Tuesday, August 2nd, 2011
A Random Act of Reddit
tl;dr: Users of Reddit.com funded the purchase of 2,100 children’s books for a “free bookstore” I started at my daughter’s elementary school. Students are motivated in their classwork by earning a visit to choose a free book and struggling students receive special encouragement. Reddit’s generosity arrived at a pivotal time as the bookstore idea was coming together.
- More info about the bookstore (the original blog post)
- Photo gallery of the new bookstore (imgur)
- Photos of third graders on their first visit (school site)
- Photo of first grade boys reading during a sunny lunch recess! (school site)
- Map of Reddit donors
That’s what 2,100 donated children’s books look like. They were purchased courtesy of random strangers on Reddit.com for a “free bookstore” at my daughter’s elementary school. This post is for the donors. See close-up images (left, and right).
(Above, the same books before their unboxing.)
The bookstore idea began in April 2010 when I started scrounging books from yard sales for 25 cents each. How hard could it be to build a free bookstore? I was naive.
In October, Redditor “atomofconsumption” submitted my original blog post about the still-forming bookstore to Reddit.com. In the ensuing discussion, Redditor “bbibber” asked, “Who does this [project] without leaving a Paypal donation button?”
Duh, me? I became aware at the tail-end of Reddit’s spotlight, raising $525 the 4 remaining hours before the link lost popularity. The smallest donation was $1, the biggest $100, and the average $10.
The Reddit Generosity Doubletake
The $525 was a BIG DEAL, and not just for the 2,100 books it would bring our students.
My bookstore proposal was not an easy sell to budget-conscious parents in our Parent-Teacher Organization. There were supporters, but some parents thought it couldn’t be created, or, that I would burn out and abandon the project. Funding discussions were contentious. There was… unhappiness.
Then random strangers on Reddit lauded this still hypothetical bookstore and they opened their hearts by way of their pocket books. It had to make a doubter wonder, “What does someone in Kobenhavn, Denmark see in my school that I do not?” (We’re located in a remote region of California.)
The donations reinvigorated me, letting me continue acquiring books while still preparing the physical bookstore. Any remaining doubts ended when the bookstore opened.
Grand Opening – How It Works
The free bookstore opened to one class in December and then school-wide in January 2011 (see photos of 3rd graders on the first visit — scroll the page). It is an academic and social incentive program where students earn books, and is also an encouragement program giving books to struggling students and to students who “don’t have many reading options at home.”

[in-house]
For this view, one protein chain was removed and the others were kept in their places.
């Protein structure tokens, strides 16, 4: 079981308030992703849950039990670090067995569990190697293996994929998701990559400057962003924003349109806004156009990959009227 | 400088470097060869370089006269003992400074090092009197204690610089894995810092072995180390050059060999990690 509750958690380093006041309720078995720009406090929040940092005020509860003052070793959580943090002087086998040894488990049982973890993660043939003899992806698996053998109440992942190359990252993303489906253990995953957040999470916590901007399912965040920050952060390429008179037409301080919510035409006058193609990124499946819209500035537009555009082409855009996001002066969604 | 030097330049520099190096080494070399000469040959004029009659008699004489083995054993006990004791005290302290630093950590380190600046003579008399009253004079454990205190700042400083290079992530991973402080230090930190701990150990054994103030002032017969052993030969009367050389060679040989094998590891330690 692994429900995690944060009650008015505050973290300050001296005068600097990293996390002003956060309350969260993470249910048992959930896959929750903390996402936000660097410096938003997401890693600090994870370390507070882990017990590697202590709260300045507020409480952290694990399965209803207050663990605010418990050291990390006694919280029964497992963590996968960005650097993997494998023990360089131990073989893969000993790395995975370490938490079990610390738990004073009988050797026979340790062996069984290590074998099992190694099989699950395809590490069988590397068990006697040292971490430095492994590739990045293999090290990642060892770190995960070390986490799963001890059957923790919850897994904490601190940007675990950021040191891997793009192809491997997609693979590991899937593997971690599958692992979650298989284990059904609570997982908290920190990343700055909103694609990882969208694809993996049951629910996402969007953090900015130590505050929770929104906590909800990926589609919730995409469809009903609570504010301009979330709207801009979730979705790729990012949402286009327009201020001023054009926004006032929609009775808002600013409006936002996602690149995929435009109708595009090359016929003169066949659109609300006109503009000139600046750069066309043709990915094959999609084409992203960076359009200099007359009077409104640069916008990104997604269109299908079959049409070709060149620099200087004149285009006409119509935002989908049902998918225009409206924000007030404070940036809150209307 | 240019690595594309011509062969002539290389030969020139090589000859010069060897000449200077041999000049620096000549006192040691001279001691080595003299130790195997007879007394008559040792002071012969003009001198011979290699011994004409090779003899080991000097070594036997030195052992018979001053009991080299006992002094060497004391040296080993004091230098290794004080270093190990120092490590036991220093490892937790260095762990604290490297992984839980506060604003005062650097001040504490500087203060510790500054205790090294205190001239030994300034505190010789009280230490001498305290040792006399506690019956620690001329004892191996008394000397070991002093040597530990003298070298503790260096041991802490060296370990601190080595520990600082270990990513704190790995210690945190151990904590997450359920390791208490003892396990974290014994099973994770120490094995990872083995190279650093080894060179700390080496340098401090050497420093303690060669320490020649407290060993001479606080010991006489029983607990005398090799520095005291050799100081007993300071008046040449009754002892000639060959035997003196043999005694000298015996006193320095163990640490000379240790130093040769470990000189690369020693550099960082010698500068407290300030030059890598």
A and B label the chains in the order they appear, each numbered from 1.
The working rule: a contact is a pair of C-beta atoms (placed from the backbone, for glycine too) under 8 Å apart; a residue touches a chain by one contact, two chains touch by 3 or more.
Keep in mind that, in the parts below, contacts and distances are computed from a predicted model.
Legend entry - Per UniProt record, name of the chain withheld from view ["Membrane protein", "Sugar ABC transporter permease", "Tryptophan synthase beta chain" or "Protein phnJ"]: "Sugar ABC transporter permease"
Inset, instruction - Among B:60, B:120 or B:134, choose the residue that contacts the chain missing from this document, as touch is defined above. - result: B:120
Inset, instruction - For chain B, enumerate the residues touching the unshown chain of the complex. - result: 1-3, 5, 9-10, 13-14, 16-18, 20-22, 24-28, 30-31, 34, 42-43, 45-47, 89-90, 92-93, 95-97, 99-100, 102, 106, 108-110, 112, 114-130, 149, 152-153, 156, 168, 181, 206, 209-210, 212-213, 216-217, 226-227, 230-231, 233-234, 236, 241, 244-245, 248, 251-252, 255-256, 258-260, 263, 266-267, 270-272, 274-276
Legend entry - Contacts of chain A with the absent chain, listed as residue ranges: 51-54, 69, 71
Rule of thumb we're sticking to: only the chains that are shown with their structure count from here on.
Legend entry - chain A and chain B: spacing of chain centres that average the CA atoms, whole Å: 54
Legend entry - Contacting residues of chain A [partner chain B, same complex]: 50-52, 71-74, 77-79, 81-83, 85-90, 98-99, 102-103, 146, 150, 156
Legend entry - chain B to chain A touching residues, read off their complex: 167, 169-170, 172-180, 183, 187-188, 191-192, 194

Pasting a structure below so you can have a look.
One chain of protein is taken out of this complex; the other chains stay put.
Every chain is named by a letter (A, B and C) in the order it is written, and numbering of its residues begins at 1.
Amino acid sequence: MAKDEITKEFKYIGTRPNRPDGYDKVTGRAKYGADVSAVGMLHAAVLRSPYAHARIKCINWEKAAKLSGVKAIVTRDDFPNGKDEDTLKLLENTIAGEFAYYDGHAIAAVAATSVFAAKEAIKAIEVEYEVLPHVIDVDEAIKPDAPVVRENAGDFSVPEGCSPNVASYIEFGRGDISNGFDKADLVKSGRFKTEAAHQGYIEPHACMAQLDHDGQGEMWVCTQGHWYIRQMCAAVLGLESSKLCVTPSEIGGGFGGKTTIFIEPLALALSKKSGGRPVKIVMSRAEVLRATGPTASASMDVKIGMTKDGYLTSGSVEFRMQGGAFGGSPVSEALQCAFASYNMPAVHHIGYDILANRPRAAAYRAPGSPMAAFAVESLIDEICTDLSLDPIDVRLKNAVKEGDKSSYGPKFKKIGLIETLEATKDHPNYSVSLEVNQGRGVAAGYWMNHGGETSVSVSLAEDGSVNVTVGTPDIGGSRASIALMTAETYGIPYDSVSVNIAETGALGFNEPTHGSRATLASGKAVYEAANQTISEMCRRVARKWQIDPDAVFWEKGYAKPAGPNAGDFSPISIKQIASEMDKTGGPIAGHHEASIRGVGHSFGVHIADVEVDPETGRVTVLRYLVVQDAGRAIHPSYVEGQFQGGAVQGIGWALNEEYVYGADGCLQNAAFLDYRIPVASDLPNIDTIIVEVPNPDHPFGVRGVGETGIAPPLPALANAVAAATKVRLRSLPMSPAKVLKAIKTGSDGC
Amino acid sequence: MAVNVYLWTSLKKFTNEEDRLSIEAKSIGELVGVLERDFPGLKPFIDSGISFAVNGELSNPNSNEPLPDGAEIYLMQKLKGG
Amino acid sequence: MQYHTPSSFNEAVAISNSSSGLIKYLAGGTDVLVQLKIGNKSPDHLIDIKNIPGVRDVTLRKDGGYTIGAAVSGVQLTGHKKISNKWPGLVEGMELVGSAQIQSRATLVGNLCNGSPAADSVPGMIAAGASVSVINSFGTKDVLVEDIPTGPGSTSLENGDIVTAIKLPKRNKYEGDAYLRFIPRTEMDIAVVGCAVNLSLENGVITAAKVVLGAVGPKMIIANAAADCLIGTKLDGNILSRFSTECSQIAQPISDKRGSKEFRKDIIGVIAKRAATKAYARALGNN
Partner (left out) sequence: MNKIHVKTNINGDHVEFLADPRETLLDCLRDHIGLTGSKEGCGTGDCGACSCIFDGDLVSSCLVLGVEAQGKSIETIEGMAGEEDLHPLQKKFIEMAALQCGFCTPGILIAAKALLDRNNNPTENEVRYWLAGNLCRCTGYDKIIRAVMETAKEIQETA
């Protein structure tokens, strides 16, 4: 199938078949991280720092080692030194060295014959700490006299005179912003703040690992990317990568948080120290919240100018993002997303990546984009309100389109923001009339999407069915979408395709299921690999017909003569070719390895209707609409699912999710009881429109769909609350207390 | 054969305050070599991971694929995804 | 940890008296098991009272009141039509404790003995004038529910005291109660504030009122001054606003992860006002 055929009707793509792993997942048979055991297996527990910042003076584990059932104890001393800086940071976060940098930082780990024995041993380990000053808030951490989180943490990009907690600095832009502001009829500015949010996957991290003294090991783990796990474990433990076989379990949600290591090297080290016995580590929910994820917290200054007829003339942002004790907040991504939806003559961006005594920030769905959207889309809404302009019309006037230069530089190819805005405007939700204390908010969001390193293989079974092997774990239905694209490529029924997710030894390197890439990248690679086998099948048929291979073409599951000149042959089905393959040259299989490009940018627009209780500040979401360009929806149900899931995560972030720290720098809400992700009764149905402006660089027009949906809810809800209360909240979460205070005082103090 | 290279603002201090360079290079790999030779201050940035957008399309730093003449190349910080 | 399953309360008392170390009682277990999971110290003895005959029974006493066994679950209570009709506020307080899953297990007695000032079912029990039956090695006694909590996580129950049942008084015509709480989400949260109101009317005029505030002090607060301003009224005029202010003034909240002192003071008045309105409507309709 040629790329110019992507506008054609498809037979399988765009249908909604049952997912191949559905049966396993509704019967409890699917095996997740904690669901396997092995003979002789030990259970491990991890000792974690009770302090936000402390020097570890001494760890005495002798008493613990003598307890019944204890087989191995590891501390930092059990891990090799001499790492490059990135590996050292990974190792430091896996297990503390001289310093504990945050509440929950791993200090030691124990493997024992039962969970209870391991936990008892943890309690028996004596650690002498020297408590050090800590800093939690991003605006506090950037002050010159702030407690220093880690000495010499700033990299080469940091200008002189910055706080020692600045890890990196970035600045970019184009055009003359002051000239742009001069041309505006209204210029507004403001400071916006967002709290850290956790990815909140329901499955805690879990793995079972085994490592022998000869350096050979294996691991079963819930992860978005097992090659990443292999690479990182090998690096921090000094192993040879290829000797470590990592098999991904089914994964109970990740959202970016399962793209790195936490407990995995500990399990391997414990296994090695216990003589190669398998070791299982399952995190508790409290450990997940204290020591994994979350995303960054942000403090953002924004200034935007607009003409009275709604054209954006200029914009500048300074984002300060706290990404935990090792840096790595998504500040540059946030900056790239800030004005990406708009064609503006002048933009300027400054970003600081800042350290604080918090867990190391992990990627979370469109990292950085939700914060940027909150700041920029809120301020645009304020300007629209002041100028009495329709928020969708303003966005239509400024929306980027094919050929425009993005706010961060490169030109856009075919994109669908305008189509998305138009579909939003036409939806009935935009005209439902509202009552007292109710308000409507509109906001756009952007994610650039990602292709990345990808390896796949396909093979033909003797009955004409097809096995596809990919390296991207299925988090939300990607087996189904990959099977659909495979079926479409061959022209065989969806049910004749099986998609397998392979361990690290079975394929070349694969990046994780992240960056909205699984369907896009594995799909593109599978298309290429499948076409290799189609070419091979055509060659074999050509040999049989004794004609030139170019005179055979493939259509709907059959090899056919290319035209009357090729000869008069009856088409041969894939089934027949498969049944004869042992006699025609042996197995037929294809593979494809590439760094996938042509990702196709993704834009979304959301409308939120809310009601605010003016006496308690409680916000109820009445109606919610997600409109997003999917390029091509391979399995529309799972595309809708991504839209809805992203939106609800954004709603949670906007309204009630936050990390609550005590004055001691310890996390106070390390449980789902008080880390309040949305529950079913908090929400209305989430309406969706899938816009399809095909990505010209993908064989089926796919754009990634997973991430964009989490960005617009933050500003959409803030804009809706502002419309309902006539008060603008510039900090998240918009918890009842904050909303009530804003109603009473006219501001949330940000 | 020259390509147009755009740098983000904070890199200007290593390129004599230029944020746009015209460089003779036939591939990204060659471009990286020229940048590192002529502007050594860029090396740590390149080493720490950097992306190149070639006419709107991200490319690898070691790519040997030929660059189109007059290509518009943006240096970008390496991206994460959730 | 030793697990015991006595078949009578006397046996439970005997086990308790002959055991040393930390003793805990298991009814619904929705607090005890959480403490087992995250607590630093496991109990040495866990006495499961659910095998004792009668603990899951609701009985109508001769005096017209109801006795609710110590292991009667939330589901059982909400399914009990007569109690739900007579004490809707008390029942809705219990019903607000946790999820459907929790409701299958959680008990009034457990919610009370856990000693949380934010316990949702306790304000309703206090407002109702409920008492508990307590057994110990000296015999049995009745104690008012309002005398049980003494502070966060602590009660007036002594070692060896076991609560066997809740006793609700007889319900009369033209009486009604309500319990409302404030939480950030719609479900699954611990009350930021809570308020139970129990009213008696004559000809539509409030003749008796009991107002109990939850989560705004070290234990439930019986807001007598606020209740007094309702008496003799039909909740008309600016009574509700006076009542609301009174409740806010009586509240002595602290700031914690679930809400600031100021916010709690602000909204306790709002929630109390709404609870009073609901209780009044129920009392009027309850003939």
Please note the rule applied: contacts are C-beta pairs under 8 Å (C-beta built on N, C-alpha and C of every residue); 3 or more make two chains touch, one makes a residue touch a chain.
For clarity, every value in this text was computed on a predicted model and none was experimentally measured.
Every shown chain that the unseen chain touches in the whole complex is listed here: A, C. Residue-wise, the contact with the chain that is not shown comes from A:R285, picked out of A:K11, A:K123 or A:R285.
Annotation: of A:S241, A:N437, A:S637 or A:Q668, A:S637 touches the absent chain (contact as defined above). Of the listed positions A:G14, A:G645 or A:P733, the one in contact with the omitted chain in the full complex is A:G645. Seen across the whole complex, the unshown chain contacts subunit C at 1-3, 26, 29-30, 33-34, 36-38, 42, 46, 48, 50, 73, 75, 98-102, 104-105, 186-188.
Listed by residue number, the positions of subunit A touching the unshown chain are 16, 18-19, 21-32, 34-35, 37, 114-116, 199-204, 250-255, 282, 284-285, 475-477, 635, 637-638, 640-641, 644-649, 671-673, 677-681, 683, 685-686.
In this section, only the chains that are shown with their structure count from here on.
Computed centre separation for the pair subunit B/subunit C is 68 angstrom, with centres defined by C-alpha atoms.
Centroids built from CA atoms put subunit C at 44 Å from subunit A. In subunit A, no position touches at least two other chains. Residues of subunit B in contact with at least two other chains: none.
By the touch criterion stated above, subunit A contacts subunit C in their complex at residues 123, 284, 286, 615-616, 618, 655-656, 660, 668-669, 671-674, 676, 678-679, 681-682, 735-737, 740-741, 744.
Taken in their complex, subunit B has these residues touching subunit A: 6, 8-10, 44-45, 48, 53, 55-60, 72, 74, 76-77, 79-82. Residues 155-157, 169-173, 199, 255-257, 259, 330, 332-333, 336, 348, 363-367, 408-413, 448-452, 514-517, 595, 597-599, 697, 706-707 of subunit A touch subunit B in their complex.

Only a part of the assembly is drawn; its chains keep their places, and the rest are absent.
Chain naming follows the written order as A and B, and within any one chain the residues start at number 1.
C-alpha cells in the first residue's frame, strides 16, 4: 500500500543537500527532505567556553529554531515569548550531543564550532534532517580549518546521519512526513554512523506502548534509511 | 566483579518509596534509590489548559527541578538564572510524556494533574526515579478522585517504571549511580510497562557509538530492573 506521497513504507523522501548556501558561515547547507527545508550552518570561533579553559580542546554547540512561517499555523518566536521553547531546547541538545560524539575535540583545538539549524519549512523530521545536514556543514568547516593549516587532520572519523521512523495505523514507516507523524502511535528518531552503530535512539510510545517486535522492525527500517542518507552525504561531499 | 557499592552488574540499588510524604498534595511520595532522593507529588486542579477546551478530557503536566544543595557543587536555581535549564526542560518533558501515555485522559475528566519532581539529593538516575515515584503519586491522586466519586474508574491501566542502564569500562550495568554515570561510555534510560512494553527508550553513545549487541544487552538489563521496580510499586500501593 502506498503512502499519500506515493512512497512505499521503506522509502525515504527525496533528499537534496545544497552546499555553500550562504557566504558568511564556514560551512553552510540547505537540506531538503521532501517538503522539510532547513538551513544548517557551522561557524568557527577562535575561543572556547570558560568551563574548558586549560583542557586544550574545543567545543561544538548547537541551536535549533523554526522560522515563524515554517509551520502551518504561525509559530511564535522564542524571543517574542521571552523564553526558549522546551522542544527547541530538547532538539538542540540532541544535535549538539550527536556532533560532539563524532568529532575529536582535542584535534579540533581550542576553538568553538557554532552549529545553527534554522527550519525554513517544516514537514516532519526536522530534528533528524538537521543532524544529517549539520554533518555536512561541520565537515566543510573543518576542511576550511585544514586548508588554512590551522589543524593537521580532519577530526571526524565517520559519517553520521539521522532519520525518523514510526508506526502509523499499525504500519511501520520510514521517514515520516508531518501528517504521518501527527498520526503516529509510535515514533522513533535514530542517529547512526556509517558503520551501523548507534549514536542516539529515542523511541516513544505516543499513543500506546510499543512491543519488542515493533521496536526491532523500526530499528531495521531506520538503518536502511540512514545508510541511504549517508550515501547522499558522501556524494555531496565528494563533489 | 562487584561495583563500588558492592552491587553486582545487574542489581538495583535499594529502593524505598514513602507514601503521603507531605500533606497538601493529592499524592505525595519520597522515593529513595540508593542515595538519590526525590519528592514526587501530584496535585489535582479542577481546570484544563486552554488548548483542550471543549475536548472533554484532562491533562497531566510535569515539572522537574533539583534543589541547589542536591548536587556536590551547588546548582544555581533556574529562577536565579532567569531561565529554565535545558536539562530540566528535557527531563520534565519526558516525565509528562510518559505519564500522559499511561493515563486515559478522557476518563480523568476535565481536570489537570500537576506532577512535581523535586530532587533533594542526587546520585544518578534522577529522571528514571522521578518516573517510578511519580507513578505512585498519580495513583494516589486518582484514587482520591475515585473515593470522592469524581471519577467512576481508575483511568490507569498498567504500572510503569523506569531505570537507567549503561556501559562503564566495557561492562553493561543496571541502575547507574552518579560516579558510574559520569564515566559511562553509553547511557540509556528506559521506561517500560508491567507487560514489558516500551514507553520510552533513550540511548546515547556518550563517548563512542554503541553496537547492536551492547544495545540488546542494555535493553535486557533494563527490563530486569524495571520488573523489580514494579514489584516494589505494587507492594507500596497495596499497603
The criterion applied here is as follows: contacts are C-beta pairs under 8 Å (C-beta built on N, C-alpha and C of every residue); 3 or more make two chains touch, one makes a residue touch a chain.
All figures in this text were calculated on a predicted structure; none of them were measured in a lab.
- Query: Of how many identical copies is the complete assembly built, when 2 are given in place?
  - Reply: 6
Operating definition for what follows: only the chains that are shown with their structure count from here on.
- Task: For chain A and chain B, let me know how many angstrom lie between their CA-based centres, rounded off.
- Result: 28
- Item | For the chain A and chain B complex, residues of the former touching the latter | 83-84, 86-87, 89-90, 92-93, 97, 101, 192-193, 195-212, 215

Teachers are given golden “book bucks” to use in incentive programs of their own design. Students in my daughter’s class, for example, earned a buck every time they completed a home reading log, about one free book each month. I also gave bucks to reading and math intervention teachers and reading volunteers to encourage struggling students. Our librarian did whole-class giveaways for various contests.
Above, a book buck (imagine it printed on orange-yellow paper, the size of a real dollar bill) bears the face of the teacher who issued it. The design drew inspiration from US currency, with the border coming from Monopoly money. A vintage horseshoe came from a clip-art repository.
The bookstore was open every Friday with parent volunteers at lunch recess for buck redemption, with a steady procession of students visiting. (And it’ll continue to be open, see ‘The Future’ below.)
In March, the 2,100 Reddit books were finally all purchased, just in time to begin restocking the shelves. That averages out to 100 books found/bought per week via 4 to 10 hours of weekly scrounging.
Remodel after Three Months
Our local Blockbuster video store closed due to bankruptcy, coinciding with a perfectly timed local grant (we were awarded it the very next week). In the first week of April, volunteers moved in new shelves and set the room back up again. It’s like a video store, but with books instead of movies. (Our “old” used shelves had numerous problems, such as younger students leaning onto slanted frames not designed to hold their weight. They’ve since been donated to upper-grade teachers and a nonprofit thrift store.)
Seen above, parent volunteers assemble the shelves. My floor plan mock-up was abandoned in the first hour. We rearranged that room several times before we found the optimal configuration.